http://www.janica.jp/index.html

They are a union for Japanese anime artists, so why aren't they unioning up to get better pay? Unless I'm missing something.
 
Old 02-11-2013, 02:03 PM   #6
noouch
Smooth Like Hollywood
 
noouch's Avatar
portfolio
Niko Conte
Munich, Germany
 
Join Date: Nov 2005
Posts: 1,151
Send a message via ICQ to noouch
Quote:
Originally Posted by hypercube
Can we get a post about puppies and bunnies or something?

Looks like I picked the wrong week to quit anti-depressants.


Looks like I picked the wrong week to quit sniffing glue...

http://www.youtube.com/watch?v=VmW-ScmGRMA
__________________
This should take less than a few minutes.
 
Old 02-11-2013, 02:47 PM   #7
teruchan
Skeleton Man
 
teruchan's Avatar
portfolio
Terrence Walker
The Last King
of Scotland
Shanghai, China
 
Join Date: Jan 2003
Posts: 893
How old is this article? They've been saying the same things since I was last there, at that was in 2002! I think some things have changed by now. Salaries, unfortunately, are not one of them. The DVD market has dwindled considerably, though, and I think rentals are nearly dead due to online.

Also there is no mention of studios experiments with online distribution, not that any found noteworthy success there. I am glad they made mention of the new indie scene happening in Japan. I think that is where the future will be found.

Jumping down to the end I see the article is a few years old and simply updated recently. That is good.
__________________
Terrence Walker
Studio ArtFX
Learn How to Make Your Own Animated Projects!
You don't need millions of dollars or major studio backing!!
 
Old 02-11-2013, 04:38 PM   #8
Tama
Expert
Tony Brighton
Saudi Arabia
 
Join Date: Jun 2003
Posts: 638
Quote:
Originally Posted by Dillster
That's poor pay for Japan. I have been there twice competing in karate tournaments and all the parents were grumbling about how expensive everything was. I can't see $21k going very far over there.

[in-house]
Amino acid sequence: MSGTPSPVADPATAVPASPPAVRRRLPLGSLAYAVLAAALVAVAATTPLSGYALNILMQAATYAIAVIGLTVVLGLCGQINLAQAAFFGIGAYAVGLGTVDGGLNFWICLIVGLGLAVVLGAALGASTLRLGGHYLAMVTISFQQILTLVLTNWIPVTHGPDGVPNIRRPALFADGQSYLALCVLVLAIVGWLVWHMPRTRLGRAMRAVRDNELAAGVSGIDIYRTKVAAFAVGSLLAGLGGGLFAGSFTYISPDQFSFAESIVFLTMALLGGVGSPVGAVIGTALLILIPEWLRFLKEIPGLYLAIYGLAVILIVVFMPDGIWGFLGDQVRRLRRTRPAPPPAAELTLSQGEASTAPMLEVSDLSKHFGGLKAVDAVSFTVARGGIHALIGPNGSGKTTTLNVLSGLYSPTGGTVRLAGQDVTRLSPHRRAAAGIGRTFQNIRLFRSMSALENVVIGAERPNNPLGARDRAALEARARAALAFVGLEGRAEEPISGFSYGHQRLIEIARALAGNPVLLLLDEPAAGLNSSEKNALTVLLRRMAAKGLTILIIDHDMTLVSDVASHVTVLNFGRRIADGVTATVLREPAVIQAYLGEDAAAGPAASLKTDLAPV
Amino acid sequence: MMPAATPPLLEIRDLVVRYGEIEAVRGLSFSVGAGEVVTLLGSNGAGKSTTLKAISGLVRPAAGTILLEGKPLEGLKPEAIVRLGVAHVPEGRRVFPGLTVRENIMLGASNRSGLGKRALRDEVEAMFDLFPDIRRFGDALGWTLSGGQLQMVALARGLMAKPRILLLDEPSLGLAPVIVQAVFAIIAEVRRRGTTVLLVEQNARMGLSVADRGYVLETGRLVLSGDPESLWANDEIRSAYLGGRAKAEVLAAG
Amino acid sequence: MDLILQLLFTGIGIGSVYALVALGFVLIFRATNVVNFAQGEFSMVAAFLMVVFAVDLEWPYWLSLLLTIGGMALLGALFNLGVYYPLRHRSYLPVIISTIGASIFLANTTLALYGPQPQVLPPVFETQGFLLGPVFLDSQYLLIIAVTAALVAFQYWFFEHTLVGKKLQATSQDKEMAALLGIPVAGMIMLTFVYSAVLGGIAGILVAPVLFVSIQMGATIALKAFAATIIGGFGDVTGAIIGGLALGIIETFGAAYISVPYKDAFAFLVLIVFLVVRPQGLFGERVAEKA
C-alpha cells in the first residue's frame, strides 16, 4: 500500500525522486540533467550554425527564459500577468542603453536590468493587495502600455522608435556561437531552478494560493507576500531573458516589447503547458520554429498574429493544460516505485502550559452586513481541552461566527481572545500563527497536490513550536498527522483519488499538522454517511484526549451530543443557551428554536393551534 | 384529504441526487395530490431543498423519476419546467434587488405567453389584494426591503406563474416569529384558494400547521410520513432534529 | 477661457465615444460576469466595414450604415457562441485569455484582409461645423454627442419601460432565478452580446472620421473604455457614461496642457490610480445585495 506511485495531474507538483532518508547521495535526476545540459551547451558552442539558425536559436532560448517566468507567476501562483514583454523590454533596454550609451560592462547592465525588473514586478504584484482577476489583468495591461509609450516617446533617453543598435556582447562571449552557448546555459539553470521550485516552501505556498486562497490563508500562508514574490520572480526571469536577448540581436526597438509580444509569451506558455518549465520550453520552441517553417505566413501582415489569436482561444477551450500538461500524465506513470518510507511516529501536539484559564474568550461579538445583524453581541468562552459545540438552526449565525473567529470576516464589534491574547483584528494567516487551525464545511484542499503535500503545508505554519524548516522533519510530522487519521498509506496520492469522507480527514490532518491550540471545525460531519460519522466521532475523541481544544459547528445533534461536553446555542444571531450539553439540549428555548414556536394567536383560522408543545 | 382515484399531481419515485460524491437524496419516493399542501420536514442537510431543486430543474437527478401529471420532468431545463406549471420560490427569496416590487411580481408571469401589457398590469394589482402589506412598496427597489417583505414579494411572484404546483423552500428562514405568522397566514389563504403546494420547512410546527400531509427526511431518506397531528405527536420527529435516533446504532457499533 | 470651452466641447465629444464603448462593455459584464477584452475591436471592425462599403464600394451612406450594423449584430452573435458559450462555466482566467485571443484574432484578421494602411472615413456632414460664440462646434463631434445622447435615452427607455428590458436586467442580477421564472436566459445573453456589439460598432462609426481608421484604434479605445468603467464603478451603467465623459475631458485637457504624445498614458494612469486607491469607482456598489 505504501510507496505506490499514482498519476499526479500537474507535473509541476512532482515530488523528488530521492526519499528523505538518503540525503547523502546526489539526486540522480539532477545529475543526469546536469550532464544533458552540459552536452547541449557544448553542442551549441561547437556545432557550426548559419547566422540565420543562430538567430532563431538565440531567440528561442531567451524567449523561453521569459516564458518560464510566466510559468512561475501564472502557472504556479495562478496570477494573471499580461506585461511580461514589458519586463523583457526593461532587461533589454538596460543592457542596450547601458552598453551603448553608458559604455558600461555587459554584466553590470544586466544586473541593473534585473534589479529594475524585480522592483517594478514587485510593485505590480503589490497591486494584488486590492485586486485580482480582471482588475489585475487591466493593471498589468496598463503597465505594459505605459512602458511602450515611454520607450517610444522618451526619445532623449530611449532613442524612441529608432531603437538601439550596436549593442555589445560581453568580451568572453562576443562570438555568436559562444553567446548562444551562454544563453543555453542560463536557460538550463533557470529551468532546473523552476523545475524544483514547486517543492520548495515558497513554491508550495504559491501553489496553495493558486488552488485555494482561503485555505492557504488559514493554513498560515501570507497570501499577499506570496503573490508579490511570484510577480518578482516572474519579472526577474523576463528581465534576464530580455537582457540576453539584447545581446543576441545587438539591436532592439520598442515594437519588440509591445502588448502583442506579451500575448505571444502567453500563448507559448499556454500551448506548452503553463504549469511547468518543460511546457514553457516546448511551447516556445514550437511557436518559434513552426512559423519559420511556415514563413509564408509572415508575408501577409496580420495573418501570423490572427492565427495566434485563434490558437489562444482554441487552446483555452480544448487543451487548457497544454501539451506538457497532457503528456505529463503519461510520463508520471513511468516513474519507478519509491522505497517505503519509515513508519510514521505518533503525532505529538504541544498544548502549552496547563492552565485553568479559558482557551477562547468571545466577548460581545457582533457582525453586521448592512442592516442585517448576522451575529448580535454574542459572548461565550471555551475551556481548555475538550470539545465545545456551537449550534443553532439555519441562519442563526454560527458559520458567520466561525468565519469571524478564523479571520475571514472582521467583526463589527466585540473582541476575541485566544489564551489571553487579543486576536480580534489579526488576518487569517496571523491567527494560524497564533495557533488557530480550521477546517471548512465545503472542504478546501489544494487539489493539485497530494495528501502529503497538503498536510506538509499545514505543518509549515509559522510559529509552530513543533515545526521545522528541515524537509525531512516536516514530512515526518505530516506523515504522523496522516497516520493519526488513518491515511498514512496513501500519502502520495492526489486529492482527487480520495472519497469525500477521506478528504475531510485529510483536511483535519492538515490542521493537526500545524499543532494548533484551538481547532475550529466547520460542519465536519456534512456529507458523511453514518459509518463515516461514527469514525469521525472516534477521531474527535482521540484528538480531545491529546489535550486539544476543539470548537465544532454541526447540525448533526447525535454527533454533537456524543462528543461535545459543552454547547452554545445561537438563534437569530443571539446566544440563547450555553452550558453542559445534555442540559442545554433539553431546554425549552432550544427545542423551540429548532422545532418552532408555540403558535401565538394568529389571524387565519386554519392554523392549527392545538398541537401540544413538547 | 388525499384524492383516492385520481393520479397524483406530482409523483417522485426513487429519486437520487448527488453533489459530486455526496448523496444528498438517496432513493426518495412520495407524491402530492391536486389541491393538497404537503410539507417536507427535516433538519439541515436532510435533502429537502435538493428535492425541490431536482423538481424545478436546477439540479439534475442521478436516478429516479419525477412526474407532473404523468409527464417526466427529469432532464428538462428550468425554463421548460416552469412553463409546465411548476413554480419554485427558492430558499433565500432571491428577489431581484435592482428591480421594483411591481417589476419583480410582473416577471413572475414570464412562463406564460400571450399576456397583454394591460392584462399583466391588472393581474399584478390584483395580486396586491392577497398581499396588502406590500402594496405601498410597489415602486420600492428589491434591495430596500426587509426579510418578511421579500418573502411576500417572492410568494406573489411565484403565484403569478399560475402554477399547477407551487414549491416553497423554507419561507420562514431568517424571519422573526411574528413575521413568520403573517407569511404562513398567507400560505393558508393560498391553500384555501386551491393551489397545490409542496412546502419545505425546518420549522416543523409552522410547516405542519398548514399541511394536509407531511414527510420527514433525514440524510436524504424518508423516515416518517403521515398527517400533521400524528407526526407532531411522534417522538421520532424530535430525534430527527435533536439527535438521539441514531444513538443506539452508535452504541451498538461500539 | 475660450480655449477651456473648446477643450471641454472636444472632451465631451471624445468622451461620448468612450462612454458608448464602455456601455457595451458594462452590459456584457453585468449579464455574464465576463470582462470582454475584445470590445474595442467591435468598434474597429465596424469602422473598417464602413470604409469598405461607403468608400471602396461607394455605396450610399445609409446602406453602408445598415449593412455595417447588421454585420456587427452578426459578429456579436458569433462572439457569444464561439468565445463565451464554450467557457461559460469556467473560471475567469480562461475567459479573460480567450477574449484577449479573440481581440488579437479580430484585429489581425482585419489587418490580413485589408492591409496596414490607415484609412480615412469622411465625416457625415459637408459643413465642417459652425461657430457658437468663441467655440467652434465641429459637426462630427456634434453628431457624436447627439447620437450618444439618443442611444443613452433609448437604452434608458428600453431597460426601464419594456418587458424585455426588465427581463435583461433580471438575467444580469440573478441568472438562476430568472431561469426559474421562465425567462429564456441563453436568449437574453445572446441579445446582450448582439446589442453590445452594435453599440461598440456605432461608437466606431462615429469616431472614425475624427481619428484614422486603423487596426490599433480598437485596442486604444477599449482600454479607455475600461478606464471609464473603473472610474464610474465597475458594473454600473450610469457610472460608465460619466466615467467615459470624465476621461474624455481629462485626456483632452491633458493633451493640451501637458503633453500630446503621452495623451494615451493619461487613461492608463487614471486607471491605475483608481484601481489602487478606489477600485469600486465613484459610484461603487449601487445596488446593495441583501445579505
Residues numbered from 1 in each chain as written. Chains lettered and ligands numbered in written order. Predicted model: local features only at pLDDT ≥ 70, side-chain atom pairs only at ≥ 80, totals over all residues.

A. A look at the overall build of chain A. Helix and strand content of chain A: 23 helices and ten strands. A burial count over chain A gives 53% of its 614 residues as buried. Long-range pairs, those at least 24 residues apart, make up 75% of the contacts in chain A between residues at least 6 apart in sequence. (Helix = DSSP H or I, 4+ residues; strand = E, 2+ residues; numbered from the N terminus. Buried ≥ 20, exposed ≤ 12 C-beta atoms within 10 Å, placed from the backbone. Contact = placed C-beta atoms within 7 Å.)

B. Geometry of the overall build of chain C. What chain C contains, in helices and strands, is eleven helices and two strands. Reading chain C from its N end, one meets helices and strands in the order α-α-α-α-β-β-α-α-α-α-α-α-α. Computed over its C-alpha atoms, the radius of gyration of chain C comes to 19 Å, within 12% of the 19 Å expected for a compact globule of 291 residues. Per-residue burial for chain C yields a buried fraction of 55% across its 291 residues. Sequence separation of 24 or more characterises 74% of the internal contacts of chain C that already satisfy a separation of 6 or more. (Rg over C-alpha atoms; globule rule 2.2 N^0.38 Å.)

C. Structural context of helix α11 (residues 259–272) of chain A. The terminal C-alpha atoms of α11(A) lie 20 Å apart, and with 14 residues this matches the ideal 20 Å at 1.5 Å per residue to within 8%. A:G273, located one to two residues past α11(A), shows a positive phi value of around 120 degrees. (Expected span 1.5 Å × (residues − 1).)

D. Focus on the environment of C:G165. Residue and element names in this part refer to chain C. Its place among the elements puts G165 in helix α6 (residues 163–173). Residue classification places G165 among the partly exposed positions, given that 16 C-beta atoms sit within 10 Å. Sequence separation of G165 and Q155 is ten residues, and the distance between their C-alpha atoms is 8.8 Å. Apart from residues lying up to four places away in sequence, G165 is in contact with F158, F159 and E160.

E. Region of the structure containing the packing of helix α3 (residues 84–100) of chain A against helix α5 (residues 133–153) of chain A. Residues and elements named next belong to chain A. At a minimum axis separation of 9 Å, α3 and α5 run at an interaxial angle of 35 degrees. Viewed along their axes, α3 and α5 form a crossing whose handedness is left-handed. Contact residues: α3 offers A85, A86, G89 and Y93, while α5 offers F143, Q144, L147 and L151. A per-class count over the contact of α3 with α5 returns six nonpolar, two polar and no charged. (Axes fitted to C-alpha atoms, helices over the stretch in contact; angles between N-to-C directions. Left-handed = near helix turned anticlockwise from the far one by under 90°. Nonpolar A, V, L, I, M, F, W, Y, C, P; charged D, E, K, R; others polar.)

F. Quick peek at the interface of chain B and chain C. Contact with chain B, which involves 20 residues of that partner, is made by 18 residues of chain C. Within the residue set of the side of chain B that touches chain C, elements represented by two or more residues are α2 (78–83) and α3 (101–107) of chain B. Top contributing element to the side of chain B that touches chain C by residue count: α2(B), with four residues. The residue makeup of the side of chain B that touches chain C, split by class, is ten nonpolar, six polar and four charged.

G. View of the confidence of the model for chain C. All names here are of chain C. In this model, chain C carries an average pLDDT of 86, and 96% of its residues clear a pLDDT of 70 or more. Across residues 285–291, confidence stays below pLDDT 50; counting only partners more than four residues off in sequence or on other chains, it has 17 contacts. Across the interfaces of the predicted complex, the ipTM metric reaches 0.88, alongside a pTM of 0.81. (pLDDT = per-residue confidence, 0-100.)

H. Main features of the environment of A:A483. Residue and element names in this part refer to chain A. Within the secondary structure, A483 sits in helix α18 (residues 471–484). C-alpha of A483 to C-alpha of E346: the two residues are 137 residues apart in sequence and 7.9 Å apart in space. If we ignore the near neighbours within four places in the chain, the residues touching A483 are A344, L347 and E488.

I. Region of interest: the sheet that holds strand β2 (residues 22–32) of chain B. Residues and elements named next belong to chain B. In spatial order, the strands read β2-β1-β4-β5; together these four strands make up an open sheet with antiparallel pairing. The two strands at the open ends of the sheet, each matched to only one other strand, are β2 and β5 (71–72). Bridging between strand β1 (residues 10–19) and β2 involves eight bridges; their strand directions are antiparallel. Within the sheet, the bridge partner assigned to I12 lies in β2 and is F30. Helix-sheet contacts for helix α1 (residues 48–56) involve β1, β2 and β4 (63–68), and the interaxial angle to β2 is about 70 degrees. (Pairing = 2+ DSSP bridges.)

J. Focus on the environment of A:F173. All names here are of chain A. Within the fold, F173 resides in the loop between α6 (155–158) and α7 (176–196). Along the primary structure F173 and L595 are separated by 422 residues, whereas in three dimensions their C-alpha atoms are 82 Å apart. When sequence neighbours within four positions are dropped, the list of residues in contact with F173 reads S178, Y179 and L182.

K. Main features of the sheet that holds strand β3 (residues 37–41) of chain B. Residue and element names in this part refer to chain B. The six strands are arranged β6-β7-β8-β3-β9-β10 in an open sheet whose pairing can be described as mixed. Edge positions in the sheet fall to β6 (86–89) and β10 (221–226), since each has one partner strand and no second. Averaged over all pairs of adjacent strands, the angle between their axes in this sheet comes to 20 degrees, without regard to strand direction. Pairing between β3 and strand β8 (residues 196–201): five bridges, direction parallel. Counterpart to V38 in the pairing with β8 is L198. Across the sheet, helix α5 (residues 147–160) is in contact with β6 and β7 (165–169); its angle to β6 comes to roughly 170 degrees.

It is poor pay but it also depends on where you are living in Japan.
You don't have to live in the large cities/prefectures to work in them.
Most gaijins when first visiting Japan typically complain about the high costs there.

And who the hell expects to be paid anything more than grunt wages for filling in cells?
Probably those who have been following their dream...
 
Old 02-11-2013, 04:51 PM   #9
Tama
Expert
Tony Brighton
Saudi Arabia
 
Join Date: Jun 2003
Posts: 638
Quote:
Originally Posted by RobertoOrtiz
Quote:
"A typical 30 minute cartoon requires over 3,500 pages of drawing and takes three months to make. Sometimes as much work goes into a 10 second action scene as five minute conversation scene in which there is little movement except for the mouths. Japanese animators are known for putting in long hours, often 12 hours a day, including weekends. Before deadlines they are known for not leaving their studios and sleeping under their desks.

Japanese artists are trained in two-year courses at high-tech schools like the Nippon Engineering College. After graduating they get jobs in Japanís anime studios. To cut costs Japanese anime producers are farming out work to South Korea. China and the Philippines. Poor pay and long working hours has resulted in the migration of workers to more lucrative jobs in the video game industry and a shortage of talent.


People employed on the anime industry are poorly paid. One survey found that those in their 20s earn only about $11,000 a year while those in their 30s earn only about $21,400 a year. Even, skilled veteran artists in their 40s and 50s earn only about $30,000 a year. Nearly 50 percent have no contacts and 40 percent have no healthcare coverage"

http://factsanddetails.com/japan.ph...20&subcatid=135

EDIT Thanks to celshader for the heads up!
(Hi Jennifer!)


No healthcare coverage, in Japan? Really?

http://en.wikipedia.org/wiki/Health...system_in_Japan

Totally affordable to pay for on your own.
Many employees in Japan have no "business paid for" health insurance.

The 2D animation biz has been a lousy occupation even here in the states.

I had a neighbor in Los Angeles who worked as an artist, cell painter for a couple of the big name cartoon creators in the 40's, 50s and 60's and she had nothing nice to say about her experience. She was also dying from cancer that she believed she contracted from exposure to the various paints, inks and solvents that she used.